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Debt- Versus Equity-Financing in Auction Designs

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  • Zheng, Charles Zhoucheng

Abstract

�A social planner wishes to launch a project but the contenders capable of running the project are cash-constrained and may default. �To signal their capabilities, the contenders may finance their bids through debt or equity, depending on the mechanism chosen by the social planner. �When moral hazard is absent, it is established as theorems that the ex post efficient social choice function cannot be achieved by any mechanism using only debt financing and can be achieved by a mechanism using equity financing. �When moral hazard is present, however, it is illustrated heuristically that equity share discourages effort and exacerbates default more than risky debt does.

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Paper provided by Iowa State University, Department of Economics in its series Staff General Research Papers with number 31517.

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Date of creation: 18 May 2010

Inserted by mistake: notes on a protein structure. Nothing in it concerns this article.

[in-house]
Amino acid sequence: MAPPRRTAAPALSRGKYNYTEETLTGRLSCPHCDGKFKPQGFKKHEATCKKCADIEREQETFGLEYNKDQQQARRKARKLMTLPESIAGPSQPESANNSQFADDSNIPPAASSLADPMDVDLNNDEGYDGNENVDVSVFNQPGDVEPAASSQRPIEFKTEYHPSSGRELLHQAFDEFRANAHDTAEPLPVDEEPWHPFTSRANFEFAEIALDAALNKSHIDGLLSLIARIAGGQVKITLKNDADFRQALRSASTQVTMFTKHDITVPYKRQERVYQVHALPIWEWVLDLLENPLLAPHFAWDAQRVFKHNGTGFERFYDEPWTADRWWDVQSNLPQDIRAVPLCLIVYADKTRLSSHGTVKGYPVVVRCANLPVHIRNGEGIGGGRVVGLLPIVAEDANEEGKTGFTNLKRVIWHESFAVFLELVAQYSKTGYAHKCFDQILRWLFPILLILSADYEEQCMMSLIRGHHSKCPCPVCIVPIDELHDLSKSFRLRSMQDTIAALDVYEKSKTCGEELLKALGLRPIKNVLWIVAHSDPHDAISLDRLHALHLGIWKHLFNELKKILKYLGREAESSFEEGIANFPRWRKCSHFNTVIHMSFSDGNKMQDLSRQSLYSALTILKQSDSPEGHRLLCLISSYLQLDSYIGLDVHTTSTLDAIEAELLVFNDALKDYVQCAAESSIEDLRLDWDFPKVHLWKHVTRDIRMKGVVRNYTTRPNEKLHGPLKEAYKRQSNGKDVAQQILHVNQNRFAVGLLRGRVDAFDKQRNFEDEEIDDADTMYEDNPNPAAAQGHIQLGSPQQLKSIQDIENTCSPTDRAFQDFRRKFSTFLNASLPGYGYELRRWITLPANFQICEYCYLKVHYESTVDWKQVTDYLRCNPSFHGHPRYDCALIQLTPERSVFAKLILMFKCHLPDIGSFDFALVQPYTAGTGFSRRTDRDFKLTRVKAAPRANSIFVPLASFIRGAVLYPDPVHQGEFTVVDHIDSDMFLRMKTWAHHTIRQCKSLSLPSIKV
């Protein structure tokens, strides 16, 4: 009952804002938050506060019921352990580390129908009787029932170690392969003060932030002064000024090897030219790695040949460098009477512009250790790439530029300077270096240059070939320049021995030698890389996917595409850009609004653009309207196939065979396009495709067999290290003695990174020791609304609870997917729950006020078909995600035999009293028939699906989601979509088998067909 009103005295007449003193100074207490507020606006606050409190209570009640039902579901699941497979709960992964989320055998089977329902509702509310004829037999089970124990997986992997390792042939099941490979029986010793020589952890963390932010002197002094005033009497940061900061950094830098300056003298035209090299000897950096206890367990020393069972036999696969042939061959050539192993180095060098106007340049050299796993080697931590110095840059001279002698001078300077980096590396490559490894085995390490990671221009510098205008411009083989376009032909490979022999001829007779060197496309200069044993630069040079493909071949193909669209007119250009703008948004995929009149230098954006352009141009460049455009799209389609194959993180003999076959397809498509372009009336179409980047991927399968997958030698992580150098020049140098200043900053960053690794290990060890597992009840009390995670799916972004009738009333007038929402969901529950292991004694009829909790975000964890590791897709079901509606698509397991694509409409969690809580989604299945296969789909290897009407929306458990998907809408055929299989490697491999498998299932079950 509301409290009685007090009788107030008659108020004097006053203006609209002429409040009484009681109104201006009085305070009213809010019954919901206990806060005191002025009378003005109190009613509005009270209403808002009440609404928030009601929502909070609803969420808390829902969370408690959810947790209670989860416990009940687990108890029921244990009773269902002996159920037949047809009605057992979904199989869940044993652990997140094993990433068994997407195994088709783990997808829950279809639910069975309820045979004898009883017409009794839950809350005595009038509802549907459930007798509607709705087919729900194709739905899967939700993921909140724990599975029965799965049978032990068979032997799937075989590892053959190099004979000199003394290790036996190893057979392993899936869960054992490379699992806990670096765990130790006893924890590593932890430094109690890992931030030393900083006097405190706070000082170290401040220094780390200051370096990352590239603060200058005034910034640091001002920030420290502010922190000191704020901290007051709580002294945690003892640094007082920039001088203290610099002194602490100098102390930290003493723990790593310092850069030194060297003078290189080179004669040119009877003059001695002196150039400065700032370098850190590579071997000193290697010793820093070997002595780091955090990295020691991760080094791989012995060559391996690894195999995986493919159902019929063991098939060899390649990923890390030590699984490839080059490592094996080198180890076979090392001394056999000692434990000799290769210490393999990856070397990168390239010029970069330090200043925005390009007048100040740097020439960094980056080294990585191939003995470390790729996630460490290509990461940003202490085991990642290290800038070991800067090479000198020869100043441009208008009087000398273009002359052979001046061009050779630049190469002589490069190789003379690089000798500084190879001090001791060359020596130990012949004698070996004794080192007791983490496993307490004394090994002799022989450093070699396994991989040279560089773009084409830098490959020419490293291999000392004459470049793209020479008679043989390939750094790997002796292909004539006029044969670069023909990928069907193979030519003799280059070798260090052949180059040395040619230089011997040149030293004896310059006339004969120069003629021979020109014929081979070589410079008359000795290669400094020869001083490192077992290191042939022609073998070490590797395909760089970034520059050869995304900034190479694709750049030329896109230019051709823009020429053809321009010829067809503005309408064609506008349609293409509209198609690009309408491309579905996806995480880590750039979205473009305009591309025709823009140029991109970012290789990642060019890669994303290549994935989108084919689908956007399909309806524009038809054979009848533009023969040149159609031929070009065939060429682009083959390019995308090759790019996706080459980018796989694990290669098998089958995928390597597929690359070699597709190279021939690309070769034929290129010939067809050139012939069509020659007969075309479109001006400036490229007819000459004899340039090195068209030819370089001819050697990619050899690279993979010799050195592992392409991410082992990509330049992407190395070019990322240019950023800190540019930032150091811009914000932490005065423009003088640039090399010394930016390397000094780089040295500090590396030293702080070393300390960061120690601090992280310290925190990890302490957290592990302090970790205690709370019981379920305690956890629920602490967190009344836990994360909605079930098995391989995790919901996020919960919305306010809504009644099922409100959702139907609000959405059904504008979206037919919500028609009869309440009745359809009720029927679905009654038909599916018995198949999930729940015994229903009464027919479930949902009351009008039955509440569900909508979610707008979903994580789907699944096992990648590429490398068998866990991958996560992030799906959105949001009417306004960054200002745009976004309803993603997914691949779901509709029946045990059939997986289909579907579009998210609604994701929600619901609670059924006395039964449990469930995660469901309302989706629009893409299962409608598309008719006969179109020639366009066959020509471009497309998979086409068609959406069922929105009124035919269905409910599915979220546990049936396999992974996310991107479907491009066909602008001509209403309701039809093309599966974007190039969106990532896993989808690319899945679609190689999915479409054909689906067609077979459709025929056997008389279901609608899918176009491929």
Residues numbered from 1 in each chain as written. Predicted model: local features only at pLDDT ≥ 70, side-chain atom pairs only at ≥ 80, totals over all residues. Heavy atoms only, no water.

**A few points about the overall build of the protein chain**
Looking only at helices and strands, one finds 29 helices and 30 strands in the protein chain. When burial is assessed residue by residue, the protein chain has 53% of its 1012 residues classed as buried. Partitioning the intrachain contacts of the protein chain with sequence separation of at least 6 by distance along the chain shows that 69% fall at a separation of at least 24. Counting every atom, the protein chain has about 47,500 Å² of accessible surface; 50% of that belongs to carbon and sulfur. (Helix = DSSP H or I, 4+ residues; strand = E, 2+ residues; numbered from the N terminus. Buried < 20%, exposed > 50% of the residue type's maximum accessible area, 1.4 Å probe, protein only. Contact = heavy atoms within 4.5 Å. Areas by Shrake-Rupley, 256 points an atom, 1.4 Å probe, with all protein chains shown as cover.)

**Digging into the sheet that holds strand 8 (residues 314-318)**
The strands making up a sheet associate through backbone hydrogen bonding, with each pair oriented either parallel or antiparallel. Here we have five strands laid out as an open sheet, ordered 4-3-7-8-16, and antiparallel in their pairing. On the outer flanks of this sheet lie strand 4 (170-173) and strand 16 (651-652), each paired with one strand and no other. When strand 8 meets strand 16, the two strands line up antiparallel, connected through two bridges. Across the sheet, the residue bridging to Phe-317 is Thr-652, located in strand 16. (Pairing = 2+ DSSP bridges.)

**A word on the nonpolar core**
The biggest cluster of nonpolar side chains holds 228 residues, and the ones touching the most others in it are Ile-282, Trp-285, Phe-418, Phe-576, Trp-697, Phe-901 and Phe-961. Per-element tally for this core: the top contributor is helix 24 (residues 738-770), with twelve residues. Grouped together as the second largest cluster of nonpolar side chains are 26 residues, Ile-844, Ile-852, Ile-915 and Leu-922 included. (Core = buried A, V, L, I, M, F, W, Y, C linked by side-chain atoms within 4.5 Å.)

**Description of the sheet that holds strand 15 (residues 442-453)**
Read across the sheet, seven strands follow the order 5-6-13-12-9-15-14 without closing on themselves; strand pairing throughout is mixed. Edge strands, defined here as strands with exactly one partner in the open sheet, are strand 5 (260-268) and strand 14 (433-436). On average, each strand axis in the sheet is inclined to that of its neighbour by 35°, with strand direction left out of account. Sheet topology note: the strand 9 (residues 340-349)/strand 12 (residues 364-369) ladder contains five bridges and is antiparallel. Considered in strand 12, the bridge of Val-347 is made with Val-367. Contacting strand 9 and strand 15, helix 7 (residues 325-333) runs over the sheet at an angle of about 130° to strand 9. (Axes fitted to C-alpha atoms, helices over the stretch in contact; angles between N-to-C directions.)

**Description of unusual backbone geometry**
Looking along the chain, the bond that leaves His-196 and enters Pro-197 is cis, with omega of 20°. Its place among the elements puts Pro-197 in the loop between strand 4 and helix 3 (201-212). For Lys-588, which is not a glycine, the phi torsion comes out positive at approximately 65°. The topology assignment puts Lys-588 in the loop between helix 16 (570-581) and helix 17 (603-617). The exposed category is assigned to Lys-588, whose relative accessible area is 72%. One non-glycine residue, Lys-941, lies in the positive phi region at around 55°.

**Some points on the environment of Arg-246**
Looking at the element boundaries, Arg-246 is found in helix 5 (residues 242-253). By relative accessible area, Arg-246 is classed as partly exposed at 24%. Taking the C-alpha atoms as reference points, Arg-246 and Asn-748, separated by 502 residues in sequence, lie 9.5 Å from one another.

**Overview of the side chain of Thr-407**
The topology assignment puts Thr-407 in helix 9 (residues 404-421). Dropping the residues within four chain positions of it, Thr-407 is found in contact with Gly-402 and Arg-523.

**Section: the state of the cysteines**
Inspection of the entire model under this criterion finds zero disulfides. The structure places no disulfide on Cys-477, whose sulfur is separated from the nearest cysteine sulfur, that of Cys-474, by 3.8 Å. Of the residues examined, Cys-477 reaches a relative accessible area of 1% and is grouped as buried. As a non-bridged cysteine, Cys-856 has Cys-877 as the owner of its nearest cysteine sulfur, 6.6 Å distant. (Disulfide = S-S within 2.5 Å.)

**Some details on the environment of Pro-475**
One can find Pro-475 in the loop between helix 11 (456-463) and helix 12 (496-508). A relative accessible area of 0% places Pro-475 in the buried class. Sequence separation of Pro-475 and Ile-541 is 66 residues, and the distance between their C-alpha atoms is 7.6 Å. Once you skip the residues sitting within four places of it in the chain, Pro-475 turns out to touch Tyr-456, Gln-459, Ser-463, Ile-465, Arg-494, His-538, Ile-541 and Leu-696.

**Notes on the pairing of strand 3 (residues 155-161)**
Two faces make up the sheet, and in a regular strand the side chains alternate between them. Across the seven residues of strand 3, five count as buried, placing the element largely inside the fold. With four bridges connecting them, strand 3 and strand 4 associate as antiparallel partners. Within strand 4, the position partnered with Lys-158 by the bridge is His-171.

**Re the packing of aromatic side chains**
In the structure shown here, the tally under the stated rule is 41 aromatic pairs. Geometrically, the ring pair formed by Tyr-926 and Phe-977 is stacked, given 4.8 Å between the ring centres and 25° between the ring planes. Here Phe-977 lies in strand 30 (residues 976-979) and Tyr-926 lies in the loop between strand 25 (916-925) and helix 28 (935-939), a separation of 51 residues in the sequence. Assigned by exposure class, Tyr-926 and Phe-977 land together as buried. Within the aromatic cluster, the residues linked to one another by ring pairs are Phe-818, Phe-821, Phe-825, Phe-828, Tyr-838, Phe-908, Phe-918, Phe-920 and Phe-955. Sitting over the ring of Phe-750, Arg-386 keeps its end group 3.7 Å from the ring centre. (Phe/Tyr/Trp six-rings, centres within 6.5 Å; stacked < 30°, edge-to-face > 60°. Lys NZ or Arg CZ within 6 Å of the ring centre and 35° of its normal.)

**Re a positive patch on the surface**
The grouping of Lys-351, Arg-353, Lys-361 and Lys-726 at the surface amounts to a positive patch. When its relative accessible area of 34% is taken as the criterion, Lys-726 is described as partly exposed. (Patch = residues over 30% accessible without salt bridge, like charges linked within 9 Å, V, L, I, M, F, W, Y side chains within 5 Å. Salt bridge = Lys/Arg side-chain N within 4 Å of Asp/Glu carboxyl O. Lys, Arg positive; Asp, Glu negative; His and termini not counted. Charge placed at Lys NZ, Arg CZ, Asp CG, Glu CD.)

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Handle: RePEc:isu:genres:31517

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Postal: Iowa State University, Dept. of Economics, 260 Heady Hall, Ames, IA 50011-1070
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Keywords: auction; finance; debt; equity; default; financial constraint; budget constraint;

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  1. Matthew Rhodes-Kropf & S. Viswanathan, 2005. "Financing Auction Bids," RAND Journal of Economics, The RAND Corporation, vol. 36(4), pages 789-815, Winter.
  2. Maskin, Eric S., 2000. "Auctions, development, and privatization: Efficient auctions with liquidity-constrained buyers," European Economic Review, Elsevier, vol. 44(4-6), pages 667-681, May.
  3. Che, Yeon-Koo & Gale, Ian, 1998. "Standard Auctions with Financially Constrained Bidders," Review of Economic Studies, Wiley Blackwell, vol. 65(1), pages 1-21, January.
  4. Simon Board, 2007. "Bidding into the Red: A Model of Post-Auction Bankruptcy," Journal of Finance, American Finance Association, vol. 62(6), pages 2695-2723, December.
  5. Waehrer Keith, 1995. "A Model of Auction Contracts with Liquidated Damages," Journal of Economic Theory, Elsevier, vol. 67(2), pages 531-555, December.
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